Vulnerability and Resilience of Hawaiʻi Coral Reefs to Human-Caused Threats

Vulnerability and Resilience of Hawaiʻi Coral Reefs to Human-Caused Threats
Hawai'i
Karsten Winegeart Unsplash

Hawaiʻi’s way of life depends on healthy oceans and coral reefs for food, cultural traditions, recreation, tourism, and protection from storms. In 2016, the State of Hawaiʻi launched the Marine 30-by-30 Initiative to effectively manage 30% of state waters for healthy coral reefs, sustainable fisheries, and local communities by 2030.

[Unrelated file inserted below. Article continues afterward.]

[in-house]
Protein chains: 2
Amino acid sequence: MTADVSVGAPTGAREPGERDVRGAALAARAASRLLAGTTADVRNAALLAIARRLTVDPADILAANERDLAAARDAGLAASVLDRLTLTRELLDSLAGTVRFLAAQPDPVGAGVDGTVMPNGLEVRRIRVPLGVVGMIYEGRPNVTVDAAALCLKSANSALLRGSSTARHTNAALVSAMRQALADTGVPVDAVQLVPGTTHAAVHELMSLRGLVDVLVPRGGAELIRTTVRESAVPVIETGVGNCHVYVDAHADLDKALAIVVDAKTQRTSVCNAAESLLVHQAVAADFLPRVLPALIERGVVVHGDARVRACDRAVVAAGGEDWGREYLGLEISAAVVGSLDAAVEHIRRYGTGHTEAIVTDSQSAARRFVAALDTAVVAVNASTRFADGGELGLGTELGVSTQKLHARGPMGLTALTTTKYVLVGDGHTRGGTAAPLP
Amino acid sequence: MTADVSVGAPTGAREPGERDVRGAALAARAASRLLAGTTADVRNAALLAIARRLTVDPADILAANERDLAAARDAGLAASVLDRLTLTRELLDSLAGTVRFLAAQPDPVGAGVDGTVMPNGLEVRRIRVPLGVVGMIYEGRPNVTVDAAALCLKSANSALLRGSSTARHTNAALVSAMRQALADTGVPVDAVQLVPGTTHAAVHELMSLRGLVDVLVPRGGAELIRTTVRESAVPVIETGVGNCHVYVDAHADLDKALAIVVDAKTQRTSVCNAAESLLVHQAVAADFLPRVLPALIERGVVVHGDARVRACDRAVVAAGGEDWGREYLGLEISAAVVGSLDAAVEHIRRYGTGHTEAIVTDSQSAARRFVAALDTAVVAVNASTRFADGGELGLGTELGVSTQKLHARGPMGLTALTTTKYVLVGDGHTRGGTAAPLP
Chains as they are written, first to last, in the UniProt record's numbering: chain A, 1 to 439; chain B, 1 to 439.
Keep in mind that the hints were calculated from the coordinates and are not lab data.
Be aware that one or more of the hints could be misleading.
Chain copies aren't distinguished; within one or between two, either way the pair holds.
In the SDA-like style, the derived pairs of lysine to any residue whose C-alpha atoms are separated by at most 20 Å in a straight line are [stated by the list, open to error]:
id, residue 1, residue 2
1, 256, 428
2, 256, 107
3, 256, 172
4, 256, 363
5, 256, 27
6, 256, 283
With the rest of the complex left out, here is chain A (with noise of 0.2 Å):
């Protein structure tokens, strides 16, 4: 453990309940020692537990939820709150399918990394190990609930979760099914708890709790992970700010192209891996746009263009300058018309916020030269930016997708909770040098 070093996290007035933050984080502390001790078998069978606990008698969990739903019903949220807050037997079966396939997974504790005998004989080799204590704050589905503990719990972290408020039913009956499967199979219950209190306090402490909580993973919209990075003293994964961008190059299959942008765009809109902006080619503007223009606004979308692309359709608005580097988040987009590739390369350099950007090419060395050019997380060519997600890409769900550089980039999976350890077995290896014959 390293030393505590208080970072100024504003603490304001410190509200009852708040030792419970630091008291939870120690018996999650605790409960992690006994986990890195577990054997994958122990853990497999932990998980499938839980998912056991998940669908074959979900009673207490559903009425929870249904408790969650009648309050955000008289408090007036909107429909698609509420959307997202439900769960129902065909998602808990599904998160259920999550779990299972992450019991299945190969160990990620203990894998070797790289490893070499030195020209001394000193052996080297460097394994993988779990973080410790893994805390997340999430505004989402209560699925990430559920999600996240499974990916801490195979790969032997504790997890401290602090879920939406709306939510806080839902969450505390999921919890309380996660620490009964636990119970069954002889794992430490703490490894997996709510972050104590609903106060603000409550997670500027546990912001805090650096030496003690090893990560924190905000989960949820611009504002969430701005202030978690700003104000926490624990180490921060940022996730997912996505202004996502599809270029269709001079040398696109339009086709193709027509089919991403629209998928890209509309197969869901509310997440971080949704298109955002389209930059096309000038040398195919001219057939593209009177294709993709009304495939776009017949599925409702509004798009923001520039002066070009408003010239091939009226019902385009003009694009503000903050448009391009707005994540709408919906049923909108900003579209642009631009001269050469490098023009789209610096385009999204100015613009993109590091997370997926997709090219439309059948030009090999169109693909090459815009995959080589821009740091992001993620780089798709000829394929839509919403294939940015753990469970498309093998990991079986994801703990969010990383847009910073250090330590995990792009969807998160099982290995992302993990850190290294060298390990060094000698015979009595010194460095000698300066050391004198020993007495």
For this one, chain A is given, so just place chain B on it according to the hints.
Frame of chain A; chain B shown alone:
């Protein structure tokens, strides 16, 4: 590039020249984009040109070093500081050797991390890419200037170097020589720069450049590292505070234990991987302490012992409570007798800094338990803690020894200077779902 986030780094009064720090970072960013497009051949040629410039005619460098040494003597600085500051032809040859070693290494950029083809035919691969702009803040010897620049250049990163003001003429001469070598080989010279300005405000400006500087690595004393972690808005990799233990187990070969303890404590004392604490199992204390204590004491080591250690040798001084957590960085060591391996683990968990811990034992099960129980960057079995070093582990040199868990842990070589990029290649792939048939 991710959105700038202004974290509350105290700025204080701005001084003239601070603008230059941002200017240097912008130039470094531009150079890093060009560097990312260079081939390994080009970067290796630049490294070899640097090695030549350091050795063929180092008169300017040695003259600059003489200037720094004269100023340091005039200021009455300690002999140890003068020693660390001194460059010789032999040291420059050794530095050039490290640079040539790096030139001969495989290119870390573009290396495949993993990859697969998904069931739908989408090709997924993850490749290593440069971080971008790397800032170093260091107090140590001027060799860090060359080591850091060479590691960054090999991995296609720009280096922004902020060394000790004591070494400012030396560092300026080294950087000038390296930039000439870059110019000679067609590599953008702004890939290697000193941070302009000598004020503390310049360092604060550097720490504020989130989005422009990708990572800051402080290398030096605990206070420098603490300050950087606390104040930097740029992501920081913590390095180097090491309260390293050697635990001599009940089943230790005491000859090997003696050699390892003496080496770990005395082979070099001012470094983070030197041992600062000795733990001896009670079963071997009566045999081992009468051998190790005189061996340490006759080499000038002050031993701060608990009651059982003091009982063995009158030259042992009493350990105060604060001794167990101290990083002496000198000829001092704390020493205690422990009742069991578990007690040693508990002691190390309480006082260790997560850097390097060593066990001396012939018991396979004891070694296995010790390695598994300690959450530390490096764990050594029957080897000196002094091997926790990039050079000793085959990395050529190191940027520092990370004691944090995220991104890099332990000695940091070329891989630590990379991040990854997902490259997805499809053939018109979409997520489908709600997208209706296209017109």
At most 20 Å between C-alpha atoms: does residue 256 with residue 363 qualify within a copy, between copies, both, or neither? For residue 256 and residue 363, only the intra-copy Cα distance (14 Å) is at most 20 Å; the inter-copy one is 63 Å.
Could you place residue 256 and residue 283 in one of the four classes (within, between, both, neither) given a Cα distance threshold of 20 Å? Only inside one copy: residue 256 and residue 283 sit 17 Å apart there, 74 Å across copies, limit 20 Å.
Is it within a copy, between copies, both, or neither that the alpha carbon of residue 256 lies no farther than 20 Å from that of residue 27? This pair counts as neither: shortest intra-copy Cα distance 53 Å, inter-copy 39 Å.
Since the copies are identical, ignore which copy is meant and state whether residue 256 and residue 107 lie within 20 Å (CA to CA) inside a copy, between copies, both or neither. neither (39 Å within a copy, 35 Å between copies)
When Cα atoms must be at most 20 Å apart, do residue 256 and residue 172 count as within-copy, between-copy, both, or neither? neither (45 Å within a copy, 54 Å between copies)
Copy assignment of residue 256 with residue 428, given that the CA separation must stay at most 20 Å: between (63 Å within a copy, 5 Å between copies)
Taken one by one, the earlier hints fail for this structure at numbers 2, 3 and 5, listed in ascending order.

State officials are also seeking to better understand the vulnerability of coral reefs to climate change and their ability to adapt. The Lenfest Ocean Program is funding SymbioSeas and The Nature Conservancyʻs (TNC) Hawaiʻi Chapter to assess:

  • Vulnerability and resilience of coral reefs to human-caused threats, including climate change;
  • Adaptation potential of coral reefs over time to warming temperatures; and
  • Relationships between herbivorous, or plant-eating, fish and coral reef condition.

Throughout, the research team will work the Hawaiʻi Division of Aquatic Resources (DAR) to integrate project outputs, including spatial datasets, professionally designed maps and brochures, and peer-reviewed publications into the 30-by-30 Initiative and other planning processes.

OUR WORK